Review: Gandhi by Catherine Clement

Gandhi - The Power of Pacifism


Though I already had more than four books on Gandhi, I couldn’t resist myself from buying this one from the Strand annual sale not only because it was compact and tiny, but also because it had some amazingly rare photographs and all the pages were glossy. And as it may have it, this also became the first book I read on Mahatma – the great soul. In India, for a commoner, Gandhi is a man nearing god with almost no blemishes and above all dry clouds of criticism. The sub-heading of the book, The Power of Pacifism, suggested to me that this also would be on the same lines. But it turned out differently.

The book starts with colorful pictorials depicting Gandhi as a child and in his youth amongst his family in Gujarat. During adolescence he went through the usual rebellious phase and tasted meat, saw girls other than his wife and even smoked. Then it covers in brief the rule of
the British over India and the fighting between the Mughals and the British. The author also gives an introductory overview of the various religions in India and specifically of few Hindu gods and goddesses. The photographs of Gandhi, when he was seven years old, and another with his brother Laxmidas deserve a mention. His friendship with Sheikh Mehtab, who took him to a brothel, is interesting to say the least. The incident where the young Gandhi, overpowered by lust, goes to make love with his already pregnant wife Kasturba and in midst is interrupted by a servant to inform him of the death of his father, Karamchand Gandhi, is an important one and leaves him feeling guilty of, first, neglecting his father and, second, of having been punished by god in the form of death of his young child (with whom Kasturba was pregnant during that time). He later left for England in 1887 to learn law.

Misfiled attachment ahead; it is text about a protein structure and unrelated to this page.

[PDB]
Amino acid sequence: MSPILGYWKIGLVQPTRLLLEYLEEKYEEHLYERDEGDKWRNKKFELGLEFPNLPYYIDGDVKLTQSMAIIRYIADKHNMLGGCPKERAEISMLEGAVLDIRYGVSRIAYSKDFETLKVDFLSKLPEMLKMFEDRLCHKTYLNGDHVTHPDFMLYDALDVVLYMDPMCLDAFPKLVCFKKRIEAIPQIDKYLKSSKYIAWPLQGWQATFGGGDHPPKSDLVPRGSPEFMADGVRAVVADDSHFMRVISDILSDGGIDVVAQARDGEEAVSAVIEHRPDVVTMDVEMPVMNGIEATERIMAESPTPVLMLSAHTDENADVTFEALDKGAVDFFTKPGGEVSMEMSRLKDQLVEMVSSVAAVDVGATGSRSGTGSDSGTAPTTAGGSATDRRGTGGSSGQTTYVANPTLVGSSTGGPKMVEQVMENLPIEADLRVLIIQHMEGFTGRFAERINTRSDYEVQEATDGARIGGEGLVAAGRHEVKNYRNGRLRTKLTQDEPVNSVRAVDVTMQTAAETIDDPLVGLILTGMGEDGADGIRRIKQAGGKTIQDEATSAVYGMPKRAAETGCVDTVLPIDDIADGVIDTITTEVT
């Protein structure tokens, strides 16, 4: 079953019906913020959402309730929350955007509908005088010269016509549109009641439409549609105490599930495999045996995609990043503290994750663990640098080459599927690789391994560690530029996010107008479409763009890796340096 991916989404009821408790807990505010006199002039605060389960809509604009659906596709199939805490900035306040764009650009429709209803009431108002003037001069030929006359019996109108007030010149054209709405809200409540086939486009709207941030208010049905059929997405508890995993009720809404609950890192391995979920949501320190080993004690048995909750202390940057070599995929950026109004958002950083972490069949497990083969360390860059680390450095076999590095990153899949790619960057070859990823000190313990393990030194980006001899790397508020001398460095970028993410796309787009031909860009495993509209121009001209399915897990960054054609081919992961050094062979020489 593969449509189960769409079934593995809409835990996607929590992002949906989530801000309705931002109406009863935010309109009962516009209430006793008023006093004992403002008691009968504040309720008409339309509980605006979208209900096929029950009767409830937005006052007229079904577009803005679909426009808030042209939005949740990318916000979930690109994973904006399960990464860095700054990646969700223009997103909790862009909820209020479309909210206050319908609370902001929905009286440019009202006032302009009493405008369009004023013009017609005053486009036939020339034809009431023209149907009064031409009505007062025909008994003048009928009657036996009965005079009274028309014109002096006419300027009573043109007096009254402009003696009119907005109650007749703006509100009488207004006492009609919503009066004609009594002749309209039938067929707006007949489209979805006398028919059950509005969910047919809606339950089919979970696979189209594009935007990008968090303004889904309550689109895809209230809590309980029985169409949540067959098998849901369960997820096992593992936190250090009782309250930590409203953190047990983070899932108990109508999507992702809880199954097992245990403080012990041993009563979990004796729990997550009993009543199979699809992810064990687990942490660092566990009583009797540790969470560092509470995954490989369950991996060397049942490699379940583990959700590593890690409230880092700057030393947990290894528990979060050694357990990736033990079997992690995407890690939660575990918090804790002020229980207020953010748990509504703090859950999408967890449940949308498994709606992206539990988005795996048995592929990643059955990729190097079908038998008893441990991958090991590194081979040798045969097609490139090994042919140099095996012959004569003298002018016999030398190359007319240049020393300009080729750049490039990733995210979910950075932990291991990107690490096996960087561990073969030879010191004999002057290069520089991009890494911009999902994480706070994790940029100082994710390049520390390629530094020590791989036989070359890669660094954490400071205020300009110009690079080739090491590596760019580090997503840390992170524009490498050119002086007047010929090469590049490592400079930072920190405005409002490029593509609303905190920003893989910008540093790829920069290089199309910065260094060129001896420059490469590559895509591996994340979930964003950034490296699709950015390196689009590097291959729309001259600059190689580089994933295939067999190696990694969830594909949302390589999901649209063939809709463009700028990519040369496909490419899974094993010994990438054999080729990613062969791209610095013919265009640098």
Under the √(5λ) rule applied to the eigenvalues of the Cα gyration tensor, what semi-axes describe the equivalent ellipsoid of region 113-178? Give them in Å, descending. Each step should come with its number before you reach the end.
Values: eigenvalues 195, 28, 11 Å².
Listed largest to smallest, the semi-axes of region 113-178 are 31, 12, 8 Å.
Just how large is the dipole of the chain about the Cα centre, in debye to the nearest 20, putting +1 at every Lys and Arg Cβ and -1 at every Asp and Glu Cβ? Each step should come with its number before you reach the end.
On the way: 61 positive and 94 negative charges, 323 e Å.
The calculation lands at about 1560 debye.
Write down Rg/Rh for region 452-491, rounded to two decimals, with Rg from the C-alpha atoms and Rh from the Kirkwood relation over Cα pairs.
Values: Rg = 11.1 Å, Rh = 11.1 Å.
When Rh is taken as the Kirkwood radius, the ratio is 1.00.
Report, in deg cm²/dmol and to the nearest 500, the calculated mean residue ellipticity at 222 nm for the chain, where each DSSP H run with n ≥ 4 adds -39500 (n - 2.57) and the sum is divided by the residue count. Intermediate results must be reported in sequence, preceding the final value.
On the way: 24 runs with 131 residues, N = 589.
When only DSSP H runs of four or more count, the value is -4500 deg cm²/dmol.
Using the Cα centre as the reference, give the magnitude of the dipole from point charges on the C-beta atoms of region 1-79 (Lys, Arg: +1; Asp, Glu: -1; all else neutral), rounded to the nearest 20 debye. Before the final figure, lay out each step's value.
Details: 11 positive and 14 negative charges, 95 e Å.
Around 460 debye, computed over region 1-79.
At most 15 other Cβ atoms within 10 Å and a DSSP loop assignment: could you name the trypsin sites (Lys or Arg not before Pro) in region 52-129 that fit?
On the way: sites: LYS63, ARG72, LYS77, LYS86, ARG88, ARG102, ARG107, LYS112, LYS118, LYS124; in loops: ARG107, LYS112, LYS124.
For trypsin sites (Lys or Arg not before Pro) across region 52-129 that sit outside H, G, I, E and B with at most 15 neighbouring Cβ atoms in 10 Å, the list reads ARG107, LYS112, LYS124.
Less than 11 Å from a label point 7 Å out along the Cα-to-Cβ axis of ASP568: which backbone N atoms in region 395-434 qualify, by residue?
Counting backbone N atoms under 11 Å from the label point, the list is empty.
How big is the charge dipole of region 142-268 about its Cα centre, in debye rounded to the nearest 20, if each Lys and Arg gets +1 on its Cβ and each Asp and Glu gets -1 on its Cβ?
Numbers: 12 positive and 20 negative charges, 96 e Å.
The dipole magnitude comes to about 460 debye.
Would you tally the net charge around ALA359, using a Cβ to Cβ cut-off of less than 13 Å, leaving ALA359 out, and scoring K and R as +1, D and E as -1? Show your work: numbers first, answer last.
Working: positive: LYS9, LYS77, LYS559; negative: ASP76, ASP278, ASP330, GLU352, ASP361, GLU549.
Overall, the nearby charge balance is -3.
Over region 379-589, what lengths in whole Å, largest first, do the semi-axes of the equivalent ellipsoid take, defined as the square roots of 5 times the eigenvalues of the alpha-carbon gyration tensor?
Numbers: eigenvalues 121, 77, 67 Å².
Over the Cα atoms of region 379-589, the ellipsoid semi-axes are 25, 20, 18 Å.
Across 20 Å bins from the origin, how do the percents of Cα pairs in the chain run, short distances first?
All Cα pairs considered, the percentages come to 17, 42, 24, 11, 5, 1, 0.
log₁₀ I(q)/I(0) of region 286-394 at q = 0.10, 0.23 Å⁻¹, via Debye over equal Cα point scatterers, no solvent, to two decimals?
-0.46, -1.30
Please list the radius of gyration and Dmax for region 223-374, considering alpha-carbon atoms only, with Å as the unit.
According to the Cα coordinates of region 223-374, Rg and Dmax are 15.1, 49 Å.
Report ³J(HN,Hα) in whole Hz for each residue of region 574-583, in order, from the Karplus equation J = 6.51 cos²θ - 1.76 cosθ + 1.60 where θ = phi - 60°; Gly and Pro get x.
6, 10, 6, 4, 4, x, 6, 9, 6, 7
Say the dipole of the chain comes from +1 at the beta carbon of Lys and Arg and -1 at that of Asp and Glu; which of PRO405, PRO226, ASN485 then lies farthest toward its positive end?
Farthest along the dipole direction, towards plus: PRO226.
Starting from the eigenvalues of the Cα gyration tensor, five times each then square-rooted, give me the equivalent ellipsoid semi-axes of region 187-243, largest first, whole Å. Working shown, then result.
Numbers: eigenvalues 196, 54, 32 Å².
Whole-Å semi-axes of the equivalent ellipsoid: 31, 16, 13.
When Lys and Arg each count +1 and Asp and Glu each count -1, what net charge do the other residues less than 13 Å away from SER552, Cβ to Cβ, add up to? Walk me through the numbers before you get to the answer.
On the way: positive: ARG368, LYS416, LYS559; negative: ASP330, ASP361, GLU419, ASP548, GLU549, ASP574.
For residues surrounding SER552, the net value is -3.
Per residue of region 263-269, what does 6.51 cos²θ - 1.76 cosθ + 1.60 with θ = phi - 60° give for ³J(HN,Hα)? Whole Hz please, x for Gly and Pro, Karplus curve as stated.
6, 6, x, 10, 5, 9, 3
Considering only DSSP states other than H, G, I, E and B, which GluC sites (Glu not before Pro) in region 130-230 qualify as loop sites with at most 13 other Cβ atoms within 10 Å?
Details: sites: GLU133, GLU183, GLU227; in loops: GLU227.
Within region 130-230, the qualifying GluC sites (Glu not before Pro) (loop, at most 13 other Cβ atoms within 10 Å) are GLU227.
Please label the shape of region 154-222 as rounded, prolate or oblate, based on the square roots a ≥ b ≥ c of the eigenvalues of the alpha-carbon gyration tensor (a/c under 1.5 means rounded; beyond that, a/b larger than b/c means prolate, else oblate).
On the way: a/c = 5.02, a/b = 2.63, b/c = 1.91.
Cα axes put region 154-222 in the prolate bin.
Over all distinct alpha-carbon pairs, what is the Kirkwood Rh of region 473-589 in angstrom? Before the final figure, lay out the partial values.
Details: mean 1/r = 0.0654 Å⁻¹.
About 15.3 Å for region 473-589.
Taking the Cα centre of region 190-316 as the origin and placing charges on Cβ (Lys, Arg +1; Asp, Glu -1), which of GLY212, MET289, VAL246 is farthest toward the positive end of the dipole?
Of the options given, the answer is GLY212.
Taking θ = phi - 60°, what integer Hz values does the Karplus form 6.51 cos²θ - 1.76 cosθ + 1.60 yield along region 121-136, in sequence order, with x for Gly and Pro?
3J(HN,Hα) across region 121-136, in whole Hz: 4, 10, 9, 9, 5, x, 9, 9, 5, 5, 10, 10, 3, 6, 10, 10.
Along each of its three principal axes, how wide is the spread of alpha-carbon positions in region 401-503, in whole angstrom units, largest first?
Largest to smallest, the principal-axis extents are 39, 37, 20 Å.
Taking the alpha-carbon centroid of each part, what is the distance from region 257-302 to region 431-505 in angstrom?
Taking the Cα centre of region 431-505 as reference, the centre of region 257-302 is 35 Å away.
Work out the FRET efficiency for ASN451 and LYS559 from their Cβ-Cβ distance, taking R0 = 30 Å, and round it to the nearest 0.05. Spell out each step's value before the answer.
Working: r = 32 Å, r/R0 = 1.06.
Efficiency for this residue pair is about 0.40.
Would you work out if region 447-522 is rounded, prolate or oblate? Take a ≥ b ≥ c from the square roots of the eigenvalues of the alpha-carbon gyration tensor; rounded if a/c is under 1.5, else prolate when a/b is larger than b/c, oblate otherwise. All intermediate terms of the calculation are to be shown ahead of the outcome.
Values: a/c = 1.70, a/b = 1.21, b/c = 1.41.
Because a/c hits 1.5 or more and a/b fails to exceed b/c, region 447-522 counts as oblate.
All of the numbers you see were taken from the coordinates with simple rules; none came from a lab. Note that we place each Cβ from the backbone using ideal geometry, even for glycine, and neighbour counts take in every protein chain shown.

The next sections cover his various experiences in England, in India (after coming back from England) and then in South Africa, where he went to practice law. The numerous photographs, mostly black and white but sometimes poorly (not by the publisher) converted to color make it a very visually appealing read. The coming of age of Gandhi can be attributed to various stages of life he went through in South Africa. When he finally came back to India, after being hardened by his own experiments towards achieving freedom, not from British but from oppression, his stature already had swelled and he undertook a year long journey of the country to see how his country was and what the plaguing troubles were. His interactions with Tagore are mentioned, including his visit to Shantiniketan. He took to championing the cause for indigo planters, for textile workers and, in the least, for the millions of oppressed Indians. His various undertakings of fasting left him debilitated, but only physically. His spirit was much more courageous. His innumerable stints in different jails are documented and described as times of rest – for only then he could sleep and devote time to himself. His famous ‘salt satyagraha’ is very well written about with a clinching image of him bending down to break the ‘salt law’. His one fistful of salt was later “sold to the highest bidder for 1600 rupees”. His visits to England were euphoric for the British media and he met workers, servants, workers and commoners and interacted with them openly. He, to the imperialistic Churchill, was a “seditious half-naked fakir”. A photograph of him with Charlie Chaplin, not in his comical hat-and-moustache avatar, makes one wonder what they would have talked about. The rift between Ambedkar and Gandhi on the issue of the Untouchables highlights that later for Gandhi the reform of the social India became as much, and probably more, important than just gaining freedom. Nehru, initially, as evidenced in this book and also in Sarvepalli Gopal’s authoritative biography, was confused with this – for him independence was the only issue worth fighting at that time. Gandhi thought of not just freedom from oppression from outsiders but also about freedom from our own inhibiting practices. Then follow the Quit India Movement, World War II and, finally, the Independence (on the specific day of 15th-August-1947 he fasted for he was unhappy about his failed dream of a united India). His fasts continued for Hindu-Muslim unity, purity and repentance on behalf of wrongs by others.